Is there anything that could be done about this other than filing a complaint and getting the owner/company fined? 7 Answers as of July 09, 2015

My wife, who is pregnant, works for a small company at an office building where the owner's father comes into the workplace and smokes in the owner's office. However, the smoke spreads out to the rest of the office building, and she is affected by it. The owner's father does not care. People have complained a little before, but when nothing is done, they do not act further because they don't want a bad reputation and/or lose their job. Specifically for my wife, they have moved her to a corner location next to the entrance door for better ventilation, but that is all. In the past, another employee who was pregnant and has given birth already, was moved to another area as well, but that was all that was done as well. Because of this, she has told the company that she wants to quit.

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S. Joseph Schramm | Joseph Schramm
Many municipalities have adopted ordinances regulating smoking in the work place. However, these ordinances typically allow for a designated smoking area for employees who smoke and this is what the owner's father might claim that he is doing. The ordinances also typically require that anyone who could be adversely affected by the second-hand smoke be accommodated in some way intended to avoid any serious health problems. This seems to be what is occurring with your wife. She might wish to speak with a representative at the Pennsylvania Human Relations Commission in her area (P.H.R.C.) to see whether the employer has done what is minimally expected of him or whether she might have further options.
Answer Applies to: Pennsylvania
Replied: 7/9/2015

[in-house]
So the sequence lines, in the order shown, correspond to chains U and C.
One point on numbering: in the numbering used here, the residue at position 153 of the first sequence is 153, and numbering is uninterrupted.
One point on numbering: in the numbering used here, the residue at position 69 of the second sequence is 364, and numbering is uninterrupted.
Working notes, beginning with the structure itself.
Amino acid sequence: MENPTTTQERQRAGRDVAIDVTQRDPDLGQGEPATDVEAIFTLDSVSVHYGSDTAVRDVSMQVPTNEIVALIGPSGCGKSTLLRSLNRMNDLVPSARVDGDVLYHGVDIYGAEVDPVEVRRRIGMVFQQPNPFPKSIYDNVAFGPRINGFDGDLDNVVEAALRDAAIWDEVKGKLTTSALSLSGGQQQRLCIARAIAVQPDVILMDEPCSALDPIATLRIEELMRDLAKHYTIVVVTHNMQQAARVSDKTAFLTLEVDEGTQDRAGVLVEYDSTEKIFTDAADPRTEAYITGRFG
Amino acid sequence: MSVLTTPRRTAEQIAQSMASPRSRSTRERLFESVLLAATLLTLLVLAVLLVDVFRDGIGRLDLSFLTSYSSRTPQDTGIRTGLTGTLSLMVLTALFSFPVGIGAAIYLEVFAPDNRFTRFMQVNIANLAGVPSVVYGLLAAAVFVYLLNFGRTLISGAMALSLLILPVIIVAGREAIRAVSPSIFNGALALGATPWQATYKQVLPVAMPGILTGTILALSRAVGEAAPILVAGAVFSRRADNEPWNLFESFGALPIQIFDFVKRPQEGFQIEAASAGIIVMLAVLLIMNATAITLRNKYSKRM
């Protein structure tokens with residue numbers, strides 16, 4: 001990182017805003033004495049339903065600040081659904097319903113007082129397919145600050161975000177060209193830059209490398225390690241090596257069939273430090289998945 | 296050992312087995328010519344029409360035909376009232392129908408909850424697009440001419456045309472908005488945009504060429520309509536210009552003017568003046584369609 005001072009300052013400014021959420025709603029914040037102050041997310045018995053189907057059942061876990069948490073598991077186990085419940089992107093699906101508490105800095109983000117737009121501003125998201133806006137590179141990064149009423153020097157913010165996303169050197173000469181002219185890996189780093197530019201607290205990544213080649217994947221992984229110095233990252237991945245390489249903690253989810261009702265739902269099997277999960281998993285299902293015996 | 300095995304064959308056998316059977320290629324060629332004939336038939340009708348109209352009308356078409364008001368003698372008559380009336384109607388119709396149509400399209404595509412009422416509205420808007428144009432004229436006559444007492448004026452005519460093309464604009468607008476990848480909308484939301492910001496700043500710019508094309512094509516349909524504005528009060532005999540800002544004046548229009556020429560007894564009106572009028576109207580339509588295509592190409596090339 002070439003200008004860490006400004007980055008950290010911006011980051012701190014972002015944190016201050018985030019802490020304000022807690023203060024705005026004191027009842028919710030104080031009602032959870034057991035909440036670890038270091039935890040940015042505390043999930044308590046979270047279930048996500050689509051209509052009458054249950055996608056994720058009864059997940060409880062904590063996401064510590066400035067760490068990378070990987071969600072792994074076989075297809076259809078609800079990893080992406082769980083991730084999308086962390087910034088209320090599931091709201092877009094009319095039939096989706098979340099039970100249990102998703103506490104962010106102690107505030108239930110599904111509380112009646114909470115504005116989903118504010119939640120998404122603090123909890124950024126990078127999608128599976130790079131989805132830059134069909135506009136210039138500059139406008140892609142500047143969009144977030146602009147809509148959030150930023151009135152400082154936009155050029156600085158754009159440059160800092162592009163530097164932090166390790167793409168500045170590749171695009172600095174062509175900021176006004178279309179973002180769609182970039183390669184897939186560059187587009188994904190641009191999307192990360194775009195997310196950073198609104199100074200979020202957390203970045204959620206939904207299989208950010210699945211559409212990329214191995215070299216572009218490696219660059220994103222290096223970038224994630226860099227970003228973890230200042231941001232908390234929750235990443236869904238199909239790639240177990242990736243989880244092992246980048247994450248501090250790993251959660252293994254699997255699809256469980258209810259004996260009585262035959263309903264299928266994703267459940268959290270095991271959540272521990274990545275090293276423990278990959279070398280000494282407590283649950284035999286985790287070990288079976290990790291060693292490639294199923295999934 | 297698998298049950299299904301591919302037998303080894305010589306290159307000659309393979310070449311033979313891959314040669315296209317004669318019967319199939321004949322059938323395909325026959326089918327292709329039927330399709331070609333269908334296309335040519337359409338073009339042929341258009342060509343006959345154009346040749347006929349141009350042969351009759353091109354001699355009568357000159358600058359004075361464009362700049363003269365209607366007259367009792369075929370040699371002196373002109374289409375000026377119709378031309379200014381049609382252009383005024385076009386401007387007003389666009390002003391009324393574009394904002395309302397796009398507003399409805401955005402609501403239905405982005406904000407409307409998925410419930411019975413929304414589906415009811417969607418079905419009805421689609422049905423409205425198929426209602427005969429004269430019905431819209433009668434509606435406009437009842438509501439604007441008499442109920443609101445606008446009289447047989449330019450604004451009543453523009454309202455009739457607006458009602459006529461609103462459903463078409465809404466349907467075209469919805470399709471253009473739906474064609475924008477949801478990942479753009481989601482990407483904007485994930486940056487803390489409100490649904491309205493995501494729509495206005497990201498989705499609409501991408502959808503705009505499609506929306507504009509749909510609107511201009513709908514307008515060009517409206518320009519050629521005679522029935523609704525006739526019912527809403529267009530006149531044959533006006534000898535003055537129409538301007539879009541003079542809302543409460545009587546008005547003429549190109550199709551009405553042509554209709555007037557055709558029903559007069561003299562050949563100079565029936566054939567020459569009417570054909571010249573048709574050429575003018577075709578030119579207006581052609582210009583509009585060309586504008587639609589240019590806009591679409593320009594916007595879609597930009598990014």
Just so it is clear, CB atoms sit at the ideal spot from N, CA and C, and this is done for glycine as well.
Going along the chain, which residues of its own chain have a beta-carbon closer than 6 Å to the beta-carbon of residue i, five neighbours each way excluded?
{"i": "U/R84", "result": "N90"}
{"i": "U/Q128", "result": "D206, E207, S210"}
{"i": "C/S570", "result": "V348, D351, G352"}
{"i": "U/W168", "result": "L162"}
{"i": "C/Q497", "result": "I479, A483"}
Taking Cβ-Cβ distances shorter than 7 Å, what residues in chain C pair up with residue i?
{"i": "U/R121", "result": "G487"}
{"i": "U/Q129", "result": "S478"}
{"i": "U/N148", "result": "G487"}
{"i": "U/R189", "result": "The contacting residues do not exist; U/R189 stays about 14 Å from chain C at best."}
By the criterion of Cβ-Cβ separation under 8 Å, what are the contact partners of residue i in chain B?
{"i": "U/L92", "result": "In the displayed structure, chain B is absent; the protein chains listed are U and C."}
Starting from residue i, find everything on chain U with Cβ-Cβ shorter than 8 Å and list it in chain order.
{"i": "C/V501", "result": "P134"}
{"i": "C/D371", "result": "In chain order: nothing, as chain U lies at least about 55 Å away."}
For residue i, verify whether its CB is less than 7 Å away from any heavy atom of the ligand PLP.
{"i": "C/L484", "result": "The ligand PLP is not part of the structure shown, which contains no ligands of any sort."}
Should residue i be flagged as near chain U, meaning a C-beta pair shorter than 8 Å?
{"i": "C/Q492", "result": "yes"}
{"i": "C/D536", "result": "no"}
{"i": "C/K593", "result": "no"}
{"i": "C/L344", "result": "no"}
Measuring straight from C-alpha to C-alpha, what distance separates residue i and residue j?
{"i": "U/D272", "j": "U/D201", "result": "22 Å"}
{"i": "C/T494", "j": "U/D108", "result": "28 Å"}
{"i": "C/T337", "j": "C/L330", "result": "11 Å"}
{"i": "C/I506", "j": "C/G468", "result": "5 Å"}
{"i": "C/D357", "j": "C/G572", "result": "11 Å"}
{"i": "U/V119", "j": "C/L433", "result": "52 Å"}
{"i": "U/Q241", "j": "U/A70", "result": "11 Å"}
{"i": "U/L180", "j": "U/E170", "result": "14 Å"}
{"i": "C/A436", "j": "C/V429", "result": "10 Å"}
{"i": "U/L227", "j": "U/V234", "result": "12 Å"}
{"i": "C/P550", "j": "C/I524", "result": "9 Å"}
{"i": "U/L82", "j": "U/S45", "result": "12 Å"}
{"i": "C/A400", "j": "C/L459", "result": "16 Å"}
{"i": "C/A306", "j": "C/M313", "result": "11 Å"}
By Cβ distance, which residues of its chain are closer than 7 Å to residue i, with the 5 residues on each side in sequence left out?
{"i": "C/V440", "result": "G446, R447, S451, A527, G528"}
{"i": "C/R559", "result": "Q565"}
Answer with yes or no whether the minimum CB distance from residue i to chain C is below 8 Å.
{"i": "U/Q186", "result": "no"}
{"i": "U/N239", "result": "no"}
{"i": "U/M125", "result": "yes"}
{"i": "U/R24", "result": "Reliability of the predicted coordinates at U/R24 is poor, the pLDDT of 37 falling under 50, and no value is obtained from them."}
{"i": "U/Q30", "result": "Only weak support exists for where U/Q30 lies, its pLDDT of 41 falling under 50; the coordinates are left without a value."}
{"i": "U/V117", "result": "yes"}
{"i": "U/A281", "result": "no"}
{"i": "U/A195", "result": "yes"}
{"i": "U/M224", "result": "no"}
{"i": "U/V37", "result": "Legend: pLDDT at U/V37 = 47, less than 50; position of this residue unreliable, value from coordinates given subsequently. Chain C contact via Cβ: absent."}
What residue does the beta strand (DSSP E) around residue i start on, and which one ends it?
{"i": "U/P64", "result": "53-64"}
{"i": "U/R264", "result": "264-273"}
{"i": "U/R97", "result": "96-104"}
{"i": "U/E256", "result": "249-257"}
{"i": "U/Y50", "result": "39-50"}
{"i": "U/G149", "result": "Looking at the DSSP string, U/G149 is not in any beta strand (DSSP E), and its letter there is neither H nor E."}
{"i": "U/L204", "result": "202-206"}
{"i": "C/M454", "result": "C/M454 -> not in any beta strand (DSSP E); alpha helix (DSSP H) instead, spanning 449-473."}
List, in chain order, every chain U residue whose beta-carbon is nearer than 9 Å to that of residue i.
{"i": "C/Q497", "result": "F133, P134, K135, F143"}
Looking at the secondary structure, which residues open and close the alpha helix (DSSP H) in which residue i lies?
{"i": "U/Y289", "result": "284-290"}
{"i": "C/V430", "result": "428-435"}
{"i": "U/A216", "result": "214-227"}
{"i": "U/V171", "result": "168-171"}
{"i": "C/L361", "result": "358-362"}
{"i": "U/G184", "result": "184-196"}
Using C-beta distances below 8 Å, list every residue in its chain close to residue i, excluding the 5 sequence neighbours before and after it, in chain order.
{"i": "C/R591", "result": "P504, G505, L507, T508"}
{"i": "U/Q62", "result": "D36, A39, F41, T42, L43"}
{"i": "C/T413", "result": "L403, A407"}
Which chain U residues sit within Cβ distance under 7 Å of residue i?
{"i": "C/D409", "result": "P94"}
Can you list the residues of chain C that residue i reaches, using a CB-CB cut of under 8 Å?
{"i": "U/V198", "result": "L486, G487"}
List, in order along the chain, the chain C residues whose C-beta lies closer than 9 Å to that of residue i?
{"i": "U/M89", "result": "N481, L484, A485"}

James E. Hasser, Jr. P.C.
James E. Hasser, Jr. P.C. | Jim Hasser
Not that I know of. Sorry. Good luck.
Answer Applies to: Alabama
Replied: 7/9/2015
Gates' Law, PLLC | Thomas E. Gates
Talk to an employment law attorney about your concern.
Answer Applies to: Washington
Replied: 7/8/2015
Andrew T. Velonis, P.C.
Andrew T. Velonis, P.C. | Andrew Velonis
No, I think reporting the matter to the State Dept of Labor is about all you can do.
Answer Applies to: New York
Replied: 7/8/2015
Law Offices of Ronald A. Steinberg & Associates | Ronald A. Steinberg, BA, MA, JD
The owner of the company can do what ever e wants, as long as it does not violate the law. Check the workers compensation law. It is also possible to claim a "hostile work environment" due to the smoke.
Answer Applies to: Michigan
Replied: 7/8/2015
    Richard B. Jacobson & Associates, LLC | Richard B. Jacobson
    The employee would not have much of a case unless she could prove identifiable injury from the smoke. I am assuming that smoking in this workplace is prohibited by law or regulation. She can register a complaint with a public authority (try Wisconsin Department of Workforce Development or the federal OSHA)to the effect that the employer is not enforcing the no-smoking rule, and that it is, at least, noxious and annoying and an apparent violation of the 'safe place' statute. Unfortunately, her boss won't like her any better for doing this.
    Answer Applies to: Wisconsin
    Replied: 7/8/2015
    Musilli Brennan Associates PLLC
    Musilli Brennan Associates PLLC | John F Brennan
    I would need more details, however damages for exposure to secondhand smoke may be extremely hard to prove.
    Answer Applies to: Michigan
    Replied: 7/8/2015
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